Cigarette smoking linked with rectal cancer risk

Women who smoke appear to have nearly twice the risk of developing rectal cancer compared with women who never smoked cigarettes, which supports the accumulating evidence of this relationship, researchers report.

The risk of rectal cancer among women increased along with the number of cigarettes they smoked per day, longer smoking duration, and older age at smoking cessation, findings that also support evidence from earlier studies, Dr. Electra D. Paskett, and colleagues report in the Journal of the National Cancer Institute.

“Smoking cessation and prevention are yet another way to prevent colorectal cancer,” Paskett, of Ohio State University, in Columbus, told Reuters Health. Women who choose to continue smoking should receive regular screening for colorectal cancer, Paskett added.

The investigators looked at the incidence of colorectal cancer among more than 140,000 women between 50 and 79 years old, who participated in Women’s Health Initiative, a long-term observational study.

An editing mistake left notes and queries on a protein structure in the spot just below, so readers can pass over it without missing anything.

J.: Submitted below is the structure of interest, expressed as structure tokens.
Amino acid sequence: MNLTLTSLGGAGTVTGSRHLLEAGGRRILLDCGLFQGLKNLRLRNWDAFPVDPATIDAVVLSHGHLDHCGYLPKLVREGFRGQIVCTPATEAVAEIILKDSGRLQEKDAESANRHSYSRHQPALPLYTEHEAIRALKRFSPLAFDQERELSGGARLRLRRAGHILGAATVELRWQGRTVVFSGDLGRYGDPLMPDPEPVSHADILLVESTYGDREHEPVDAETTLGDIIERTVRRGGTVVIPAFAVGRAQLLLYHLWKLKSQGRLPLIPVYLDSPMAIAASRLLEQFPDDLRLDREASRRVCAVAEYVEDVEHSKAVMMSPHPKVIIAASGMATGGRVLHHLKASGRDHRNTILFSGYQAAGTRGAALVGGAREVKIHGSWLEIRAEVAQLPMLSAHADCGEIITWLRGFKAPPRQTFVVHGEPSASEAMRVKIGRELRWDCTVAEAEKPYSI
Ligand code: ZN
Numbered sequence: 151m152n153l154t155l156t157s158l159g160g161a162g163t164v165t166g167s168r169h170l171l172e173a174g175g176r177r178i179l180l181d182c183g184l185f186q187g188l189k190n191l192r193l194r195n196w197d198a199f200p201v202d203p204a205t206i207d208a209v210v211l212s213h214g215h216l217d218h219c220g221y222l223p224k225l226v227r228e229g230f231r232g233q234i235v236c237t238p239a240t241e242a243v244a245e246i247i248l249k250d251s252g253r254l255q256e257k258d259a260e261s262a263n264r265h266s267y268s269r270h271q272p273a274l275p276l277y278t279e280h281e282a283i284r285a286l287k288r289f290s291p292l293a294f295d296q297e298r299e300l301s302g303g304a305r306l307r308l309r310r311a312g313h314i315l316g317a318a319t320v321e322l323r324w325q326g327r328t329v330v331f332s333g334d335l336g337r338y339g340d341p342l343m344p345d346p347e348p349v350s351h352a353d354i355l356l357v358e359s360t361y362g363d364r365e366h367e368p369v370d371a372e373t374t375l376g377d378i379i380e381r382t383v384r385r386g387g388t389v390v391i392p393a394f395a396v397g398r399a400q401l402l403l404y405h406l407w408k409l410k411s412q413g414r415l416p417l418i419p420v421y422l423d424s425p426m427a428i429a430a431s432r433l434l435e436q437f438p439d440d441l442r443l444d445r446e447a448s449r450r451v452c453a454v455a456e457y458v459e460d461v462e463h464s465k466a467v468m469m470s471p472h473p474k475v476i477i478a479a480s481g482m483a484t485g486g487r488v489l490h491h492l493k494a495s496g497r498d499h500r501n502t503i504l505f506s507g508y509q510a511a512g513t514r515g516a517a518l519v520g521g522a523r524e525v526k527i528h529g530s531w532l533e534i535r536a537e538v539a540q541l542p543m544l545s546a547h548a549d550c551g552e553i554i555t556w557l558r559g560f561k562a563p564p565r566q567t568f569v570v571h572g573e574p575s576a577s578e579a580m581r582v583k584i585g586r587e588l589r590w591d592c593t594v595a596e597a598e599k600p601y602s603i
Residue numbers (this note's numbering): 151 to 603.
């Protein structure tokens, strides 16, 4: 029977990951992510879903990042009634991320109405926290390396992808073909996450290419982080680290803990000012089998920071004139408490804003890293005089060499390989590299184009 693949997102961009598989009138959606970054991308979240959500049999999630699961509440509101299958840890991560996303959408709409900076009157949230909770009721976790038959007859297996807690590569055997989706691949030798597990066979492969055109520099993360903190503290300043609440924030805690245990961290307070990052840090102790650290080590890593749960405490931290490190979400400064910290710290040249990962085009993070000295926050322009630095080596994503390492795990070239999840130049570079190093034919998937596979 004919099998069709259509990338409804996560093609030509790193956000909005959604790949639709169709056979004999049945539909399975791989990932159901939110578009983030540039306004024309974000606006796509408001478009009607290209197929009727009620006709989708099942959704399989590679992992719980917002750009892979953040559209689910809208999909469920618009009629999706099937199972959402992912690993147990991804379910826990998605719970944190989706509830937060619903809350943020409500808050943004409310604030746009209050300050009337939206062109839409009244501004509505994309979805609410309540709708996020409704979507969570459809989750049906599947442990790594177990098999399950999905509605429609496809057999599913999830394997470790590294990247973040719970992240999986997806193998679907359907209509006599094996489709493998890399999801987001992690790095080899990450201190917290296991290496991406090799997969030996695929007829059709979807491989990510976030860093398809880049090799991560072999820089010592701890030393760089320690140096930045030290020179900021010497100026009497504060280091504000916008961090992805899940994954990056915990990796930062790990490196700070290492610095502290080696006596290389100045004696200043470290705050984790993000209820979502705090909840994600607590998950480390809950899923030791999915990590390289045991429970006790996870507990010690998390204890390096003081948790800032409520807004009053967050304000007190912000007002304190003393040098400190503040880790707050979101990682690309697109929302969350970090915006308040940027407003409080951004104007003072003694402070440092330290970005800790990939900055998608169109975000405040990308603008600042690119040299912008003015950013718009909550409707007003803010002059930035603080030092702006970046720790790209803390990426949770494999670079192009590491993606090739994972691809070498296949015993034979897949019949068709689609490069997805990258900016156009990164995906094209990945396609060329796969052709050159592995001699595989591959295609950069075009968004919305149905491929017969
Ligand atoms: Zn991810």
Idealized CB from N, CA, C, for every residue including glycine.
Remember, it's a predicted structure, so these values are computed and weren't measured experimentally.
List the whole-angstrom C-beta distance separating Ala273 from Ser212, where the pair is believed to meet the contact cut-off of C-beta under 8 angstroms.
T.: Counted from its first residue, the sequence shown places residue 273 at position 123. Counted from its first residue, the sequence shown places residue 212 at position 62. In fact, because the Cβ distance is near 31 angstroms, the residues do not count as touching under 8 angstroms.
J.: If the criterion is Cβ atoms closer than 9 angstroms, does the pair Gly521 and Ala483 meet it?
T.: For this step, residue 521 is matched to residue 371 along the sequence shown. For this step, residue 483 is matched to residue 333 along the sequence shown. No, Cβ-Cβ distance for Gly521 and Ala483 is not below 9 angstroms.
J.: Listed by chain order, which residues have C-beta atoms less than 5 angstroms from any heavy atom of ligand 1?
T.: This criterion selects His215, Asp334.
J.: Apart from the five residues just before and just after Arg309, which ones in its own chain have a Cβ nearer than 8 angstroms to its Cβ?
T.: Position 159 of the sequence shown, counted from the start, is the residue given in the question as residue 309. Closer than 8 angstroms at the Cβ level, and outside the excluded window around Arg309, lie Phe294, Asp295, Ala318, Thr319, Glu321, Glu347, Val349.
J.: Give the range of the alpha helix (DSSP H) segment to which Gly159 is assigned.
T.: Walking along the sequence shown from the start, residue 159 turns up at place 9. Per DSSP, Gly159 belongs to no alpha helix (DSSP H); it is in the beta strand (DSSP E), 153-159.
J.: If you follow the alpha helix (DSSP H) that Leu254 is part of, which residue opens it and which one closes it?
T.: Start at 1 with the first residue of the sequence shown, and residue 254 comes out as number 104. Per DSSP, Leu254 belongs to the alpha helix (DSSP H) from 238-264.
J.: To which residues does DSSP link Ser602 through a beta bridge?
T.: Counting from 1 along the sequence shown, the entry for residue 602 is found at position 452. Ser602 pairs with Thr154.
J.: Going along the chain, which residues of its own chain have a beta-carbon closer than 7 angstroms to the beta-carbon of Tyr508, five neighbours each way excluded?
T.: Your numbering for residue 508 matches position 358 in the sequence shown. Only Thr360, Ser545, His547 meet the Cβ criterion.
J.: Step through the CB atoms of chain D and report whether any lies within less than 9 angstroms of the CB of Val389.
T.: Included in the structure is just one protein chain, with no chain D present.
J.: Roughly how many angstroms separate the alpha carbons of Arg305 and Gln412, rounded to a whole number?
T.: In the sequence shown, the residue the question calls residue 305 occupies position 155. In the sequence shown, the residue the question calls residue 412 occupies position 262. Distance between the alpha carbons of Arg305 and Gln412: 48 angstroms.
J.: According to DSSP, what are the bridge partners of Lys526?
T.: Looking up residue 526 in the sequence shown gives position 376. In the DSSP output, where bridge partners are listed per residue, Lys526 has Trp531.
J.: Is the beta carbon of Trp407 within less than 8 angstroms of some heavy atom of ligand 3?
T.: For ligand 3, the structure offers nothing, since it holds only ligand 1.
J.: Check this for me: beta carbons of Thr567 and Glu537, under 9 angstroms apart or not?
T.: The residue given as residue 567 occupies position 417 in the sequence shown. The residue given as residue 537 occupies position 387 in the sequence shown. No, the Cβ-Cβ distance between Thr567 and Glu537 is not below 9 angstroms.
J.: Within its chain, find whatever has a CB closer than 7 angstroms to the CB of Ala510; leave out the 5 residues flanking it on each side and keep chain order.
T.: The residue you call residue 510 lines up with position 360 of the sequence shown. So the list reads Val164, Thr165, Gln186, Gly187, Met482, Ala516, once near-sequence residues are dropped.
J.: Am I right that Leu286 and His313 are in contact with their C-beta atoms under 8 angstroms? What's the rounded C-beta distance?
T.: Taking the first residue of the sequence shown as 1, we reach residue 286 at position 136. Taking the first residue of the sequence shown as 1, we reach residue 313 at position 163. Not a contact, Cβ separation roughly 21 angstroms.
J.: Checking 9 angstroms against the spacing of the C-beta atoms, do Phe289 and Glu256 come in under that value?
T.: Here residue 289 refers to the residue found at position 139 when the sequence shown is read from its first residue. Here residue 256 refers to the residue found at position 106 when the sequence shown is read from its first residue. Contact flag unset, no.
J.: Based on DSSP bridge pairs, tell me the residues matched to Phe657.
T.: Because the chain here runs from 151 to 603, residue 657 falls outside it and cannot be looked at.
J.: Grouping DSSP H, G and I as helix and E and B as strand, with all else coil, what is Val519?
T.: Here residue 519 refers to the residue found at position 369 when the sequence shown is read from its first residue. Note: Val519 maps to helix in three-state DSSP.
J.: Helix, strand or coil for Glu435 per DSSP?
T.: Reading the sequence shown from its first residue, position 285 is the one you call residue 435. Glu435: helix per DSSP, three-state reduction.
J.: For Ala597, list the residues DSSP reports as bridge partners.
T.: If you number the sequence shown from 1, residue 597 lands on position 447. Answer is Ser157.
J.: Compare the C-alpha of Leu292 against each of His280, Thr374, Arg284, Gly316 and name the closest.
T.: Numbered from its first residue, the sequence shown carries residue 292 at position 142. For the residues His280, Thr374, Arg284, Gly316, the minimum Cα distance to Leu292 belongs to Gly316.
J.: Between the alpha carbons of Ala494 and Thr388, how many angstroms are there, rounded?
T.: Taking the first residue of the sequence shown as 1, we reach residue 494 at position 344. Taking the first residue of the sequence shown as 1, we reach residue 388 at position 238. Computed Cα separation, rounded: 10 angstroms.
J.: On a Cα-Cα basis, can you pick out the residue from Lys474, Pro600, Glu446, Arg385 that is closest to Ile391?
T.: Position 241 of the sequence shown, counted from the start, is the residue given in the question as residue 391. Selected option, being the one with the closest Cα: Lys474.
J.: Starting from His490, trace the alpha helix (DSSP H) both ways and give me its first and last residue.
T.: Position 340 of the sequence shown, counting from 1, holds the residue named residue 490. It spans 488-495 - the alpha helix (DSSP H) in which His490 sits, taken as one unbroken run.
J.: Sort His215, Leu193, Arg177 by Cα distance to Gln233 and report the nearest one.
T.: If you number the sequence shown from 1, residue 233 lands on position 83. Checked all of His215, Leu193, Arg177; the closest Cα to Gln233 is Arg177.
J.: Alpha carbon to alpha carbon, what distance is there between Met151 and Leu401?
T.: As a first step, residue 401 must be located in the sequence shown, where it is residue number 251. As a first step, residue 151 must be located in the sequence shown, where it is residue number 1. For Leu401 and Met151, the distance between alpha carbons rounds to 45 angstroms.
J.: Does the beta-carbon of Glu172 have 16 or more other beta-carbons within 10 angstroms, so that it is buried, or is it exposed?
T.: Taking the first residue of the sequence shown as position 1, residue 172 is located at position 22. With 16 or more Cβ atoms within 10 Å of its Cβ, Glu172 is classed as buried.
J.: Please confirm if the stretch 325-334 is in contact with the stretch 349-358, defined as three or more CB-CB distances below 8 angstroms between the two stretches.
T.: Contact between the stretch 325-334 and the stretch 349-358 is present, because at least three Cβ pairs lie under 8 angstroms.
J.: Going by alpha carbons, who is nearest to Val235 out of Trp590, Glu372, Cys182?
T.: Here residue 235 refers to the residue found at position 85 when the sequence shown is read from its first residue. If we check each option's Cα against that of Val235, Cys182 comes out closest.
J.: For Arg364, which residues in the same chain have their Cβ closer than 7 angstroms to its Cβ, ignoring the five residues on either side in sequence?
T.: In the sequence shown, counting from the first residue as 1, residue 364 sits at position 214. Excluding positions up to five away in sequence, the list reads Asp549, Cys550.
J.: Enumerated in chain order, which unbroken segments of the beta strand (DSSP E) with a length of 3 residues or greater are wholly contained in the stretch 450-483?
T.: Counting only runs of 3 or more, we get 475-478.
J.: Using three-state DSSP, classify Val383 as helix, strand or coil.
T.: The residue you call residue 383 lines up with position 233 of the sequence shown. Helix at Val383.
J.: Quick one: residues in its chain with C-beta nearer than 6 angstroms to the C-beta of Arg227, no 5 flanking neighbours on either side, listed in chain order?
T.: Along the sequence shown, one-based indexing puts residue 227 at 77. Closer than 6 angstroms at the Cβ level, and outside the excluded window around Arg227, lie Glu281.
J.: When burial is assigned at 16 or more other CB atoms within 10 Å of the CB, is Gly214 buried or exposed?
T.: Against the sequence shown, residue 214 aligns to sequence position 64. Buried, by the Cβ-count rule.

Of these women, 51 percent reported never smoking, 42 percent were past smokers, and 7 percent were current smokers.

Over 7.8 years, on average, 1,242 of the women developed invasive colorectal cancer, the researchers found. Of these cancers, 176 were rectal cancer.

Compared with women who never smoked, current smokers were 95 percent more likely to develop rectal cancer, but did not have an increased risk of colon cancer. These relationships held after the researchers adjusted the data to account for other factors known to influence colorectal cancer development.

These factors included age, ethnicity, family history, physical activity; nonsteroidal anti-inflammatory drugs, hormone therapy; alcohol use; dietary intake of calcium, fiber, fat and red meat; waist circumference; and the women’s history of diabetes.

A similar analysis did not associate passive smoking with an increased risk for colorectal cancer, the investigators note.

As mentioned, these findings provide another reason to encourage smoking prevention and cessation programs, the investigators conclude.

SOURCE: Journal of the National Cancer Institute, November 13, 2007.

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